Irasshaimase?, part 2

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In the comments to the first installment on this ubiquitous Japanese greeting ("welcome; come on in / over"), skepticism was raised about whether a response of any kind is expected from the person to whom it is addressed.  I'm on the side of those who believe that an acknowledgement of some sort — if only a slight nod of one's head or a bit of eye contact — on the part of the addressee is appreciated by the addresser.  I know that for a fact because I see people smile when I give some type of response to their greeting.  It's not like they're mindless robots numbly mouthing the same phrase over and over.

A corollary demonstration of the efficacy of polite recognition of a welcoming phrase or gesture may be found in a daily exchange I have with trolley drivers in Philadelphia.

I love the Philadelphia trolley system (just as I love the trams in Kyoto, though apparently they are slowly disappearing in that enchanted city).  They are well maintained, come quite regularly, and reach to all parts of the city.  The motors are powerful, and propel the passengers swiftly from one stop to the next.  You can hop on or off at practically any block.  So convenient!

When I get on the trolley I usually don't say anything to the driver because I'm busy putting on my mask and tapping my payment card on the electronic reading device, and the driver is intent on getting ready to go forward.  However, when the trolley has come to a full stop and I'm about ready to get off, I always say "thank you", and I mean it, and the drivers always say "You're welcome" with genuine appreciation in their voice.

Then I walk away with a warm feeling in my heart and a spring in my step.


Selected readings


  1. Philip Taylor said,

    November 10, 2021 @ 10:21 am

    « [W]hen the trolley has come to a full stop and I'm about ready to get off, I always say "thank you" ». I don't remember the last time that I took a 'bus (or a tram, and certainly not a trolley 'bus) but I know for a fact that whenever I did, I always said "thank you" to the driver on dismounting if the exit door was adjacent to the driver's seat. This, at least in Europe, is frequently not the case, with passengers mounting at the front of the 'bus but dismounting mid-way along its length.

  2. Frank Chance said,

    November 10, 2021 @ 11:22 am

    I too follow the practice of thanking trolley and bus drivers, but usually try to say it both on the way in (always by the driver) as well as on the way out if I exit by the front door. I try to thank the attendants at subway stops too, when possible.
    But then again, I am a person who says "Thank you" to Siri and Alexa when they provide proper answers to my electronic questions (on iPhone and Amazon devices respectively). They always seem to respond politely as well, unlike the bus drivers who are sometimes quite busy with driving.

  3. Noam said,

    November 10, 2021 @ 8:38 pm

    I found that saying thank you to bus drivers was universally expected in England, as this Reddit post implies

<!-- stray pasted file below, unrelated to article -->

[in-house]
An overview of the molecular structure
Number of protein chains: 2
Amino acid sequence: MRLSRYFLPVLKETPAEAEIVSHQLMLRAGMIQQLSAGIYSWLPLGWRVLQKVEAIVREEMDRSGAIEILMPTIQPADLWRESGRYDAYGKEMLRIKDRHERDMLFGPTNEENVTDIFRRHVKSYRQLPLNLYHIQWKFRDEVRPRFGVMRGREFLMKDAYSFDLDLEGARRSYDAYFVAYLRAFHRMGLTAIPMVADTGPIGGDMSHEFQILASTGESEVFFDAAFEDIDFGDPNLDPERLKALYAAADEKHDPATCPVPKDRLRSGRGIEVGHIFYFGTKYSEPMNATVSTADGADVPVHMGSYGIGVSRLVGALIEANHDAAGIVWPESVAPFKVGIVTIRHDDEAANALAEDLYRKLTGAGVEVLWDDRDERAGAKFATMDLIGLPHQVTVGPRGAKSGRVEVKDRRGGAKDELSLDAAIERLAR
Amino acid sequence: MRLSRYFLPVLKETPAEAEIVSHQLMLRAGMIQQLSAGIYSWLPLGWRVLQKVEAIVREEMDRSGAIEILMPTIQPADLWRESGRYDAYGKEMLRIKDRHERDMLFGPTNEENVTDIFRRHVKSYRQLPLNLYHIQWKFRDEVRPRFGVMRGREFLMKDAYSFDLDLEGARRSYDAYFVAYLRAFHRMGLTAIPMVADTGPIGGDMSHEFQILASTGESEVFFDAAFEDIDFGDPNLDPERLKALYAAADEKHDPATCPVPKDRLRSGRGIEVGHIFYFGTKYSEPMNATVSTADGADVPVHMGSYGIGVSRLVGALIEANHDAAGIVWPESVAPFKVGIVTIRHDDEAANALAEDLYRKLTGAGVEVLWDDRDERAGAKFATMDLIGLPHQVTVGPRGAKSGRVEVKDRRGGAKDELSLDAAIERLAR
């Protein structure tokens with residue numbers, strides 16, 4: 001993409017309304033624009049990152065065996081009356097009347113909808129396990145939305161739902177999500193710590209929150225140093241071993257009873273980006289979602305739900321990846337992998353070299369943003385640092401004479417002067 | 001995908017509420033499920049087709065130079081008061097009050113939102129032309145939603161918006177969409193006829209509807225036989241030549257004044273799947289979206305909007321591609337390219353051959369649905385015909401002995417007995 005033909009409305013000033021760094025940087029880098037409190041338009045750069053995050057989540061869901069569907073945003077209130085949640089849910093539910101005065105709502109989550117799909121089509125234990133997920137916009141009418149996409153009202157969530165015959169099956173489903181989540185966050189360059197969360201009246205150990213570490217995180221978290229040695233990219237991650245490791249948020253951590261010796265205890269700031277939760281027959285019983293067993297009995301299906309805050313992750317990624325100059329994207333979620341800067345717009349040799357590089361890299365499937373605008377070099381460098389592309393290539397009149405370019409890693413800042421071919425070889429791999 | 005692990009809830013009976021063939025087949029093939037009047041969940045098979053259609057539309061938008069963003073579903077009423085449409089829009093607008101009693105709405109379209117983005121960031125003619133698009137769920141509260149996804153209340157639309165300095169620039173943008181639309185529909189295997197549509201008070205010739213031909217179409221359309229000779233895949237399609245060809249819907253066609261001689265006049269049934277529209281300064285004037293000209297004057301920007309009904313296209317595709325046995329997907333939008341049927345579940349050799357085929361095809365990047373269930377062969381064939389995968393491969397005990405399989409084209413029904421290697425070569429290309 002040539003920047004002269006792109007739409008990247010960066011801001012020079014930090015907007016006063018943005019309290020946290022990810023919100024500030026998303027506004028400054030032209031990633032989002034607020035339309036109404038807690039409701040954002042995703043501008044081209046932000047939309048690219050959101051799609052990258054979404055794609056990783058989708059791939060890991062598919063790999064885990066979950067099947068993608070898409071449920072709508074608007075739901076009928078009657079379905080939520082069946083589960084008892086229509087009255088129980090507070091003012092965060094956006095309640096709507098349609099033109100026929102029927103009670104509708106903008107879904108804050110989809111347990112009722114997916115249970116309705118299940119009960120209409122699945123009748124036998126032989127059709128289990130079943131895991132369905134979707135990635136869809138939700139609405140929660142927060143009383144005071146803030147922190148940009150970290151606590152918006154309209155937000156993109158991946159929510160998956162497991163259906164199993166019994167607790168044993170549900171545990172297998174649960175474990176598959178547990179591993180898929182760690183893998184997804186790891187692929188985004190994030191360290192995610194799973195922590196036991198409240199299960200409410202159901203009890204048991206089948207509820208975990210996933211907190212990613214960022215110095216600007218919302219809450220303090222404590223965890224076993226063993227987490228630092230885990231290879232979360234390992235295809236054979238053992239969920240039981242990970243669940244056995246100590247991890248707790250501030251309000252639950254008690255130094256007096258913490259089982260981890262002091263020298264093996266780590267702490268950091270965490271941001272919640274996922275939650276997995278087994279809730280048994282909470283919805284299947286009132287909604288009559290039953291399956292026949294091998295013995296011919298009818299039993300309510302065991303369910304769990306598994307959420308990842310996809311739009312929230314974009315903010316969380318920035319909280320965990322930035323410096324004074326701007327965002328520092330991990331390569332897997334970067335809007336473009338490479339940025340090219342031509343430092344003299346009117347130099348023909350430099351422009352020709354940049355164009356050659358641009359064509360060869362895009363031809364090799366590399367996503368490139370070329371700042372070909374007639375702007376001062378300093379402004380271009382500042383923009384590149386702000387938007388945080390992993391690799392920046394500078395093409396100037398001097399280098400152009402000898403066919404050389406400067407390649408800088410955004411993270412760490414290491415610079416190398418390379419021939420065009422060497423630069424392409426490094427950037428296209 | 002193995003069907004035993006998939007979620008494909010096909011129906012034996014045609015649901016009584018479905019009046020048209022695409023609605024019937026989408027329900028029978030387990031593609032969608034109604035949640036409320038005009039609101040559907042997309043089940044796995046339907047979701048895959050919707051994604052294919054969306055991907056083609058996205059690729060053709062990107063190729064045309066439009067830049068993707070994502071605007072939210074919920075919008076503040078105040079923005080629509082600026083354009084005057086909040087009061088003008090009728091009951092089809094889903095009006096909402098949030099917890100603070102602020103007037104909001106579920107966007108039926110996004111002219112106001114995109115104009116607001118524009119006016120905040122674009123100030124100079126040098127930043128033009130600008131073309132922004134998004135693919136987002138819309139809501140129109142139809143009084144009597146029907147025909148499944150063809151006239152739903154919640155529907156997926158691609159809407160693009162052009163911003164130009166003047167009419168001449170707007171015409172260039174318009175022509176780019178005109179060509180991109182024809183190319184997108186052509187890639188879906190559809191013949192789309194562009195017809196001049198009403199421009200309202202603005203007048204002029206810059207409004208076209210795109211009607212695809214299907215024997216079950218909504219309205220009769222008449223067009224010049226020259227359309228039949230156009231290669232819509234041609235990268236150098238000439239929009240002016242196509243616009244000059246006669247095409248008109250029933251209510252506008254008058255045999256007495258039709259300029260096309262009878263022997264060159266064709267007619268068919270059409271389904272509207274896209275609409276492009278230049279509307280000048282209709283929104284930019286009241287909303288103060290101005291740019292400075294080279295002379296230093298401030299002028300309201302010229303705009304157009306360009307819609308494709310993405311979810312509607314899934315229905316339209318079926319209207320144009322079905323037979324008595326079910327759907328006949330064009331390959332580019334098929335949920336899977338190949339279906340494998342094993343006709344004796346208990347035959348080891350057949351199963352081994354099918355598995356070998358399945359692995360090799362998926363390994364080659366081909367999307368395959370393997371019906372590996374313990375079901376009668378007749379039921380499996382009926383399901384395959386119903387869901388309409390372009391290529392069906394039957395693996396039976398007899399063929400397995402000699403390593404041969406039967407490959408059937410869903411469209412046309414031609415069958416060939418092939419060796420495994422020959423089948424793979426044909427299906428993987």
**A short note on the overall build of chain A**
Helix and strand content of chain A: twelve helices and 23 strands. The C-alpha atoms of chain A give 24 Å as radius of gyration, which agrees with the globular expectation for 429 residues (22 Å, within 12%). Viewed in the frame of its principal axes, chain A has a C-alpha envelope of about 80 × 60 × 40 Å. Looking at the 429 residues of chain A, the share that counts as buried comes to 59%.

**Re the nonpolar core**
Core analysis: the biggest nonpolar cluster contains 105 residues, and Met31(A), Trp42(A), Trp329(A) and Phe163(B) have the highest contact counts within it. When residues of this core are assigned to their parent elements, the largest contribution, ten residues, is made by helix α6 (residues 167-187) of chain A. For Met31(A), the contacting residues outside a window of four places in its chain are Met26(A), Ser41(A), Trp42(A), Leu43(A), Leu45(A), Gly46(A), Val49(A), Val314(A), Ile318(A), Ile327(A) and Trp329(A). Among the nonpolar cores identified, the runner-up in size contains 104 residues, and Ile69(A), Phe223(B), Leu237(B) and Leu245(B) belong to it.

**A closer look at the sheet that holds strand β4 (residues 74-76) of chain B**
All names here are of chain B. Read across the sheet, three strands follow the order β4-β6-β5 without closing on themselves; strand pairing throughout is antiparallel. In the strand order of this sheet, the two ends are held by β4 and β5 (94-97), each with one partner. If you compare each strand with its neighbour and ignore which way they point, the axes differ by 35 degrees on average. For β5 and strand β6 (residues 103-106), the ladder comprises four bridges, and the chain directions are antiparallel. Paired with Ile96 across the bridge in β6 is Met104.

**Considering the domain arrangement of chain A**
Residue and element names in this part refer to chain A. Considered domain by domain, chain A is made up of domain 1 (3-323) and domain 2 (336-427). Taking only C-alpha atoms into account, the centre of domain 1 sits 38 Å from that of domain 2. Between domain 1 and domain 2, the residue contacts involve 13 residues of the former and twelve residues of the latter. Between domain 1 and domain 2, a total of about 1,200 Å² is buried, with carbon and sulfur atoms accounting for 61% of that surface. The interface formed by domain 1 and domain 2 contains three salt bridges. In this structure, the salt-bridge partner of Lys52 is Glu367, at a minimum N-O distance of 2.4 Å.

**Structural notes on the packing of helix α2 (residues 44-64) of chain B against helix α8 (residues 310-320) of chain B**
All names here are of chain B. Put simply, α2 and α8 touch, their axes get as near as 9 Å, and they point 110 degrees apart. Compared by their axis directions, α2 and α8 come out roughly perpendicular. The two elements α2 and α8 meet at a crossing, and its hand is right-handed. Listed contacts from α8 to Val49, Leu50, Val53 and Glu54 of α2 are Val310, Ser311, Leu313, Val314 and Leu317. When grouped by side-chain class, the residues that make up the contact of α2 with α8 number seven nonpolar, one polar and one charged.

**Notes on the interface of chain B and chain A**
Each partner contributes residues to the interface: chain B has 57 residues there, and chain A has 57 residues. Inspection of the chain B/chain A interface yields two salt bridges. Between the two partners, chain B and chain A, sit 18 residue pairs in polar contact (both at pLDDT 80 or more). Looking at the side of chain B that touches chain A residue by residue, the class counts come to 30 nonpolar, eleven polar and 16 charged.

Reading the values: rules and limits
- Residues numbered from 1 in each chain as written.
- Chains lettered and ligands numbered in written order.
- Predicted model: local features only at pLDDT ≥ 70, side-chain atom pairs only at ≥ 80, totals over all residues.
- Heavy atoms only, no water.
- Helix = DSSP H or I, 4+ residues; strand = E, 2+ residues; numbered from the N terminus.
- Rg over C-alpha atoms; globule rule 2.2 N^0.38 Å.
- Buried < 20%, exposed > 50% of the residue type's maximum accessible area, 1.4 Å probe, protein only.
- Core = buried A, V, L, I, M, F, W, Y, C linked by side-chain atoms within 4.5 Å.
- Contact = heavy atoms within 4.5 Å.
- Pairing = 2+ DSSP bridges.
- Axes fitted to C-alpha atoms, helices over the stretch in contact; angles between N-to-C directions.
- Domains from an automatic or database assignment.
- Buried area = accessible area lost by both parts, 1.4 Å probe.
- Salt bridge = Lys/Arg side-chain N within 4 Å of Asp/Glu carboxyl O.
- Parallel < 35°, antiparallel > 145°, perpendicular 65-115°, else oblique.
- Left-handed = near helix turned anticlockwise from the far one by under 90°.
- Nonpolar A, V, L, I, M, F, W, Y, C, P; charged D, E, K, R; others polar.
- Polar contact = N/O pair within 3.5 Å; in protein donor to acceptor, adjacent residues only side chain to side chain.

4. Trogluddite said,

    November 11, 2021 @ 9:18 am

    Certainly, here in the formerly heavily industrialised parts of Northern England it is customary to always thank the driver where possible. It is often alleged that this is less common the closer one gets to London. Albeit such accusations reflect Britain's ages-old 'North/South divide' stereotypes, they do tally with personal experience: Upon moving to Yorkshire I was tickled at first to note that even the most sullen, potty-mouthed, feet-on-the-seats, tinny-music-blaring, anti-social kinds of bus passenger still would not fail to brightly thank the driver upon alighting, which I wasn't at all used to from my former Midlands home.

    It also appears that buses are the only place where this politeness is so universal; retail workers, for example, don't seem to enjoy the same degree of common courtesy. The most obvious explanation, of course, is that becoming an habitual motorist may be detrimental to one's consideration for other people!

  5. Victor Mair said,

    November 11, 2021 @ 12:19 pm

    Come to think of it, I usually say "good morning / afternoon / evening" when I board the trolley (that is, if I'm not too flustered with my mask, payment card, backpack, and various and sundry other things I'm carrying), and the driver will reply in kind.

  6. B.Ma said,

    November 14, 2021 @ 4:32 am

    In much of the UK except for London, buses only have one door at the front, so it feels rude not to say something as you disembark past the driver. Also in much of the UK except for London, you need to tell the driver where you're going so you can get the right ticket, meaning that you have to greet them anyway.

    In London people don't say anything when disembarking because they don't see the driver and the driver wouldn't hear them anyway. They may say something if it's a more local service that they always catch at the same time, with a familiar driver.

    When I lived in Vancouver for a while, everyone would shout "thank you" when disembarking from the back doors, usually facing the front so the driver could see them in their mirrors. It was so ingrained that they would even mutter it to the door when a bus was so crowded that there was no chance of the driver seeing or hearing them.

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